Wall Street ends lower on stimulus uncertainty, Facebook weighs; Asian stock futures drop after U.S. tech slide
McConnell says relief talks should drop liability, state aid; Britain advises people with allergy history to avoid Pfizer vaccine
McConnell says relief talks should drop liability, state aid
Senate Majority Leader Mitch McConnell suggested setting aside his top priority of business liability protections in exchange for Democrats dropping their demands for state government aid in a final 2020 pandemic relief package, a strategic retreat he said was aimed at striking a deal. The two issues have been the main stumbling blocks to any agreement on a relief plan for months. McConnell on Tuesday said both should be set aside and the focus put on three areas where both parties agree help is needed: small business assistance, expanded unemployment insurance and funding for vaccine distribution and other anti-coronavirus efforts. “It’s my view, and I think it’s the view shared by literally everybody on both sides of the aisle, that we can’t leave without doing a Covid bill,” McConnell said at a news conference. “The country needs it.”
Britain advises people with allergy history to avoid Pfizer vaccine
Britain’s medicine regulator has advised that people with a history of significant allergic reactions do not get Pfizer-BioNTech’s vaccine after two people reported adverse effects, England’s National Health Service (NHS) said on Wednesday. “As is common with new vaccines the MHRA (regulator) have advised on a precautionary basis that people with a significant history of allergic reactions do not receive this vaccination,” Stephen Powis, national Medical Director for the NHS, said. “Two people with a history of significant allergic reactions responded adversely yesterday. Both are recovering well.”
Brexit deal hangs in balance as UK’s Johnson dines with EU leader
British Prime Minister Boris Johnson began a crisis meeting over dinner in Brussels with the EU’s chief executive on Wednesday, hours after warning the bloc it must make concessions to clinch a Brexit trade deal and avoid a turbulent year-end breakup. Fears of a chaotic no-deal finale to the five-year Brexit crisis were running high as Johnson arrived for talks with European Commission President Ursula von der Leyen. The European Union and Britain have cast the meeting as a chance to break an impasse in negotiations but both acknowledge there is a danger that no trade deal will be in place when Britain finally leaves the bloc’s orbit on Dec. 31. EU diplomats said there was little chance a deal would be agreed over dinner, and the most likely outcome was that they would agree to keep negotiating in a race against time.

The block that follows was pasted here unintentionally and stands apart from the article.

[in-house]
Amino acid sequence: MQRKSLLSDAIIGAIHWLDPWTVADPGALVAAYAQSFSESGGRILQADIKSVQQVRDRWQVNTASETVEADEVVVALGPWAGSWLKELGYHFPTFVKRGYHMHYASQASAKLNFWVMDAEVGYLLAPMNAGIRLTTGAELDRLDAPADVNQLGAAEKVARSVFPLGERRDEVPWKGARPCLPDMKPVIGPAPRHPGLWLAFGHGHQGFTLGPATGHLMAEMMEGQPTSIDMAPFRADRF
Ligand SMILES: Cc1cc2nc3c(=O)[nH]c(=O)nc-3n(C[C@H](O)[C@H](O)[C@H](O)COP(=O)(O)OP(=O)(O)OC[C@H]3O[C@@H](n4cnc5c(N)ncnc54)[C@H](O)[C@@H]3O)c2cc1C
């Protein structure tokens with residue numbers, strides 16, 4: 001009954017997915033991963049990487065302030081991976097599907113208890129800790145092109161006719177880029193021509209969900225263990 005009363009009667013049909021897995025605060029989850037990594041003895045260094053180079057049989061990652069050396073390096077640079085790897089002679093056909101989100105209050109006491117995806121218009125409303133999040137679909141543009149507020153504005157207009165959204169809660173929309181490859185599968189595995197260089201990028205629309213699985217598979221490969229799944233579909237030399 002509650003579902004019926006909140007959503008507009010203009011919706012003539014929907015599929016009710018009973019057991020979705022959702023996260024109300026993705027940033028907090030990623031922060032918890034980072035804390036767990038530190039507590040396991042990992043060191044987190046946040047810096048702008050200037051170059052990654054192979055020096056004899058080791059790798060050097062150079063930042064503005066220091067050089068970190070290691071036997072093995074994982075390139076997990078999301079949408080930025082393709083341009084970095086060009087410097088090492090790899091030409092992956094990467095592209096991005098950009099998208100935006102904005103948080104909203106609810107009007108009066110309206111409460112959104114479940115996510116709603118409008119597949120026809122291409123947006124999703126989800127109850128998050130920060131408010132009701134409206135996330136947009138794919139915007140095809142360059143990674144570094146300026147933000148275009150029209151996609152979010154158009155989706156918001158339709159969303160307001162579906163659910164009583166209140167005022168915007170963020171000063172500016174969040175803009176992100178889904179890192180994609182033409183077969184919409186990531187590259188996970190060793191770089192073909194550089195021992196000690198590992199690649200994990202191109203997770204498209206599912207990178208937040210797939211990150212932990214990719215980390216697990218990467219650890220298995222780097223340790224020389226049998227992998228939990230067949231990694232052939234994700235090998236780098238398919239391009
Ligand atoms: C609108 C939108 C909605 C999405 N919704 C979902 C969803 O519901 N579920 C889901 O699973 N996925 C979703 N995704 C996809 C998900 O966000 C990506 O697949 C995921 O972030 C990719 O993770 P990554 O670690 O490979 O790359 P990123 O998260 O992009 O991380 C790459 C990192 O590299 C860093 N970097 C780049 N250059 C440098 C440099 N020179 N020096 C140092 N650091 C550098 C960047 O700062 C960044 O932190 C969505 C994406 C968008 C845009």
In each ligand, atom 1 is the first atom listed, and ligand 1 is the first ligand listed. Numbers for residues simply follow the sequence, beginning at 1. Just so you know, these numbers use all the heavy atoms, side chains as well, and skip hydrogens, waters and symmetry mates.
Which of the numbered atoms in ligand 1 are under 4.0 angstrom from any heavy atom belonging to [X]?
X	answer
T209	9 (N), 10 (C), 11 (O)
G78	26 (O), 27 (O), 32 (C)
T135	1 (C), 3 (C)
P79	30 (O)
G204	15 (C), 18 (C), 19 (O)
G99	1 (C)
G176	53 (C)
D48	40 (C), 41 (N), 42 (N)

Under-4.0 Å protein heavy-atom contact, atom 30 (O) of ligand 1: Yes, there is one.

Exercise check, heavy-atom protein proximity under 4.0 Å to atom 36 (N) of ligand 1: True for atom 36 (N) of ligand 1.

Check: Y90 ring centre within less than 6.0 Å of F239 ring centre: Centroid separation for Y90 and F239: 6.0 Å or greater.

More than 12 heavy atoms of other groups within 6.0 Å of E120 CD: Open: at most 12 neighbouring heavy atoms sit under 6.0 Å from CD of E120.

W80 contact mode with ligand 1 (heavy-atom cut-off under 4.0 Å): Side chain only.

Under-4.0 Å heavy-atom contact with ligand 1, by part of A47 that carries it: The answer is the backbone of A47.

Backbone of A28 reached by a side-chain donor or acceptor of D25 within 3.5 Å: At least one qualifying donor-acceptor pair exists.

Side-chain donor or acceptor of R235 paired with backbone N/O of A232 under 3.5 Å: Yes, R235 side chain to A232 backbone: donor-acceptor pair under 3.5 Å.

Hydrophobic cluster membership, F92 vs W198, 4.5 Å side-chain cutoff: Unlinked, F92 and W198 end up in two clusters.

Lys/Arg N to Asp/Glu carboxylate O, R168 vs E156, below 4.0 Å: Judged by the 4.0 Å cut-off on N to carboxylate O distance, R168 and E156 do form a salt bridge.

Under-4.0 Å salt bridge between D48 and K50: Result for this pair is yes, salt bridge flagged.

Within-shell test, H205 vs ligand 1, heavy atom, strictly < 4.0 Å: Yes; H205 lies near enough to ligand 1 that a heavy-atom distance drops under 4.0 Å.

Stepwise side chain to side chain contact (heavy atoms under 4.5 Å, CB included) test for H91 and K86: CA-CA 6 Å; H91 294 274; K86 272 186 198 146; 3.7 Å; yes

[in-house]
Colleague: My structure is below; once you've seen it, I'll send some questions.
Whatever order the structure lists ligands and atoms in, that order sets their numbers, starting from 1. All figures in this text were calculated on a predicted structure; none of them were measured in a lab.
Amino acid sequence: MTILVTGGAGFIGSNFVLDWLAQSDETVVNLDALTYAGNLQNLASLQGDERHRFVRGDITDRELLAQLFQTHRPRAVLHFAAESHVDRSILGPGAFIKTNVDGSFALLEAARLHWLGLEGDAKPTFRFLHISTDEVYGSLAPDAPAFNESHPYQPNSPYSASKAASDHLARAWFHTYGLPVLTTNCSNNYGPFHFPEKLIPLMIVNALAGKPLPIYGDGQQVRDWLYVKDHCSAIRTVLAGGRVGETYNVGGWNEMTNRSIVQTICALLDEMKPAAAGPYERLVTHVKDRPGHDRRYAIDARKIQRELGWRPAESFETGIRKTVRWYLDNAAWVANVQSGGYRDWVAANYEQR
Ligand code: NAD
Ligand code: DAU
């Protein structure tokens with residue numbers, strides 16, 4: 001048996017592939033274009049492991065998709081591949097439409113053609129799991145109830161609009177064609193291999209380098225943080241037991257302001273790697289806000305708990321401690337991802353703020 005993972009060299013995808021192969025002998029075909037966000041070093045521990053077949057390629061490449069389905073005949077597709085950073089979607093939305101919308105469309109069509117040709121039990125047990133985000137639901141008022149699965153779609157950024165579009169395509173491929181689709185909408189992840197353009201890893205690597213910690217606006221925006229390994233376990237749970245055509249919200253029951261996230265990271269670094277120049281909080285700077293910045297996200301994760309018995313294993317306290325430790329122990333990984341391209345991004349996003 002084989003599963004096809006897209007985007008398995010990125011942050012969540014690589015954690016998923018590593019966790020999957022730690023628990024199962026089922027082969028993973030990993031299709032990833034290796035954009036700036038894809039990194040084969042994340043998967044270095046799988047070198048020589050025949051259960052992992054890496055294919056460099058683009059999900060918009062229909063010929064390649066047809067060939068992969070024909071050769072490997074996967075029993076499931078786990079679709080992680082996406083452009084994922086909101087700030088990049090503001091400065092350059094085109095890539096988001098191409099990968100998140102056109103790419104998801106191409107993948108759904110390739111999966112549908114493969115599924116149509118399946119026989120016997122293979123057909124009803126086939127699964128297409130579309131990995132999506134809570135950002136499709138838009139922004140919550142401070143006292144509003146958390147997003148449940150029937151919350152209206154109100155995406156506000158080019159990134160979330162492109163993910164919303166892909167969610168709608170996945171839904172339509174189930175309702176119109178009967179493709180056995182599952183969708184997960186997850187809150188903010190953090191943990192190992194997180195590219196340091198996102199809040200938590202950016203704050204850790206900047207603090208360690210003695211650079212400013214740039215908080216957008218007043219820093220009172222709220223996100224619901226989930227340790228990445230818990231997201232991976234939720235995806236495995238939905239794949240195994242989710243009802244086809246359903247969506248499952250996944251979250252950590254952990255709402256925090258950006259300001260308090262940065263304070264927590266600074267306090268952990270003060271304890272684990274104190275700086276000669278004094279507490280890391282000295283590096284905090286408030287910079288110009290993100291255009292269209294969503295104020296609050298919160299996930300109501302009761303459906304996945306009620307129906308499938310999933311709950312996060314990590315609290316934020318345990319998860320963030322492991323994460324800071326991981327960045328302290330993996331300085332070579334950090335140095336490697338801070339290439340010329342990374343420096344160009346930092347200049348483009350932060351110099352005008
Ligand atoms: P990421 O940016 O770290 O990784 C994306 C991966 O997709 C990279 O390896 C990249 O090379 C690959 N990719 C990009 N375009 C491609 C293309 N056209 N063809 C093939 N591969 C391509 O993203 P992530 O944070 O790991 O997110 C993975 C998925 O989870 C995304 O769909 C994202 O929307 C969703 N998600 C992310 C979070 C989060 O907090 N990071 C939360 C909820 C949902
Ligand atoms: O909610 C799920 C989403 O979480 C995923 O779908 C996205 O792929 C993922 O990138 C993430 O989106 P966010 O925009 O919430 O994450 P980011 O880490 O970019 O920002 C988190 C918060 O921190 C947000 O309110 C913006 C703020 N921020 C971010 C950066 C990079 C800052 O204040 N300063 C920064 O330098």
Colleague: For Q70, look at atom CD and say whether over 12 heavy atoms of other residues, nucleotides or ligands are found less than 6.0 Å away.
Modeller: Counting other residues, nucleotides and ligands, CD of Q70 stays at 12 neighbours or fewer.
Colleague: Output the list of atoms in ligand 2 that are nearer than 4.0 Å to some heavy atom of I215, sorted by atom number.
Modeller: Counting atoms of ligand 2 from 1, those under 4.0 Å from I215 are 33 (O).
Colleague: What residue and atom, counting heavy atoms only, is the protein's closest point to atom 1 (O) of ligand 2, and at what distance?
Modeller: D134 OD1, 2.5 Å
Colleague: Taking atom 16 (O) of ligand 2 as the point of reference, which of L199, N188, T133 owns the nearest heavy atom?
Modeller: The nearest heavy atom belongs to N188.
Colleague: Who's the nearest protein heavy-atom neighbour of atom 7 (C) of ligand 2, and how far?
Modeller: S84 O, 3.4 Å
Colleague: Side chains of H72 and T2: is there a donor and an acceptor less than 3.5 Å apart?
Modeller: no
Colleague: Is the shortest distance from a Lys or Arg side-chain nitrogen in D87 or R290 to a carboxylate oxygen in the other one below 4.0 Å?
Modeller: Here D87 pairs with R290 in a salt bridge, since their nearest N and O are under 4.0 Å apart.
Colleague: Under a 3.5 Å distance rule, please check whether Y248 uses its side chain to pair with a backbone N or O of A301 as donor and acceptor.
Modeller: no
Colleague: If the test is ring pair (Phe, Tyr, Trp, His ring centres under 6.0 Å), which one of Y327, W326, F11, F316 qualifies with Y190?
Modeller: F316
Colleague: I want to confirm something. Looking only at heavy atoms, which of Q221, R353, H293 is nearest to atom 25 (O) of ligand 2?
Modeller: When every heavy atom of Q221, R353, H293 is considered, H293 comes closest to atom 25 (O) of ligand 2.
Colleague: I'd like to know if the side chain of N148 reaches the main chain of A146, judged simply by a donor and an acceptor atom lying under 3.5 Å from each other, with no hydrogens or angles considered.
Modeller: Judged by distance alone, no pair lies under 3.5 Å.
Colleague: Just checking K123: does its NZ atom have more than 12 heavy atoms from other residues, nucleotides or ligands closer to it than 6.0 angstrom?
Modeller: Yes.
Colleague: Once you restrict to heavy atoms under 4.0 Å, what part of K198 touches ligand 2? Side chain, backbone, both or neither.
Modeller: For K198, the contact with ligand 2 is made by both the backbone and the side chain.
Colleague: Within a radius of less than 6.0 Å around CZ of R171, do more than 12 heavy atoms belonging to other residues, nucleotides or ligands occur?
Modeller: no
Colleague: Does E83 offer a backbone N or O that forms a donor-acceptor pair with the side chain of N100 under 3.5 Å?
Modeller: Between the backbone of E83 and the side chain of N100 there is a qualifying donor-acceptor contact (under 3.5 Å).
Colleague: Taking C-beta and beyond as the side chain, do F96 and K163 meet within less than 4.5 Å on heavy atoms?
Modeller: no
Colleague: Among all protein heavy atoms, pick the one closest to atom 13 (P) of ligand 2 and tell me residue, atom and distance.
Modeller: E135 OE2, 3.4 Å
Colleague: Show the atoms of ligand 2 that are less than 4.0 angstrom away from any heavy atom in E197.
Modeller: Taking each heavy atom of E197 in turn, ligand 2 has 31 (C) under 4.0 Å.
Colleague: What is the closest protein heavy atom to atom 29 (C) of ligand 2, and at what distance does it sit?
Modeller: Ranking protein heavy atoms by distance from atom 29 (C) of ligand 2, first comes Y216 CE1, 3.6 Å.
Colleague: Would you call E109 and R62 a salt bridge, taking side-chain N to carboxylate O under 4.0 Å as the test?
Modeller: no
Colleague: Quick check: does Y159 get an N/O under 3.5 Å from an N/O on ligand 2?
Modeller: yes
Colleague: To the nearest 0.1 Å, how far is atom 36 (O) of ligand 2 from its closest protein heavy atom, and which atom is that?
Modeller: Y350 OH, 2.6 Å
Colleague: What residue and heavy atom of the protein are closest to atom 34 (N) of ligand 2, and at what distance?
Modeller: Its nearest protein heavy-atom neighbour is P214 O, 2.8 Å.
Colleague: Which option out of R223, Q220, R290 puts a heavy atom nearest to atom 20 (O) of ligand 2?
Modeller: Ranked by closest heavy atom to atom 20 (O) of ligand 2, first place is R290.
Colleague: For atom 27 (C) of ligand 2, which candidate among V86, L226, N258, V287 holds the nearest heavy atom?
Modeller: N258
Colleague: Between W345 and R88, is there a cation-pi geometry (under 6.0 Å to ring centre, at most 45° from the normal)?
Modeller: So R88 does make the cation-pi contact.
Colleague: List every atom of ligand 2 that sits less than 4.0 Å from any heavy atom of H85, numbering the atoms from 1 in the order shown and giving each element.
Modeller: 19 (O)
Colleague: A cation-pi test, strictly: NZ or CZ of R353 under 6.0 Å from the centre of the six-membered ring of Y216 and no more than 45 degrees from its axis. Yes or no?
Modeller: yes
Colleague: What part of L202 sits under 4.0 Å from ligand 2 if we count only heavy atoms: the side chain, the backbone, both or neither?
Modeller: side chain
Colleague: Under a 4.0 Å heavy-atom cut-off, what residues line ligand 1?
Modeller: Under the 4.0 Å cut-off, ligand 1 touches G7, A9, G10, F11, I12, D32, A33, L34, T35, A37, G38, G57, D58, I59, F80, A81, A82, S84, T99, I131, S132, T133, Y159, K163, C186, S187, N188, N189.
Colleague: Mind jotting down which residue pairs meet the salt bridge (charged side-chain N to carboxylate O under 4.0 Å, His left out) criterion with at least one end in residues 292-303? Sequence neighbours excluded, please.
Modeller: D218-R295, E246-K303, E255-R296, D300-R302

U.S. targets North Korea coal shipments with new sanctions
The United States has blacklisted six companies, including several based in China, and four ships accused of illicit exports of North Korean coal, the Treasury Department said on Tuesday. The United Nations Security Council banned North Korean coal exports in 2017. The 15-member body has unanimously boosted sanctions on North Korea since 2006 in a bid to choke off funding for Pyongyang’s nuclear and ballistic missile programs. “The DPRK (North Korea) continues to circumvent the U.N. prohibition on the exportation of coal, a key revenue generator that helps fund its weapons of mass destruction programs,” U.S. Secretary Steven Mnuchin said in a statement.
Bank of Canada keeps rate steady at 0.25%, maintains pledge of it staying low until 2023
The Bank of Canada opted to keep its benchmark interest rate steady at 0.25 per cent on Wednesday, noting that Canada’s economic recovery from COVID-19 is proceeding in line with expectations. The bank said that while new infections and lockdowns continue to hold back Canada’s economy, stronger demand for energy has pushed up the price of oil, which is giving it a boost. And news of looming vaccines rolling out is also helping. “News on the development of effective vaccines is providing reassurance that the pandemic will end and more normal activities will resume, although the pace and breadth of the global rollout of vaccinations remain uncertain,” the bank said. Wednesday’s decision made it clear that is still the plan. “Canada’s economic recovery will continue to require extraordinary monetary policy support,” the bank said. “We remain committed to providing the monetary policy stimulus needed to support the recovery.”
The Energy Information Administration reported today a massive crude oil inventory build of 15.189 million barrels for the week to December 4, after a modest draw of 700,000 barrels estimated for the previous week. This week’s rise in crude inventories came close to the largest crude build ever, which was recorded earlier this year for the week ending April 10, when the EIA reported a 19.25 million barrel inventory build. A day earlier, the American Petroleum Institute had reported a crude oil stock build of just of 1.1 million barrels along with much larger builds in gasoline and distillate fuels.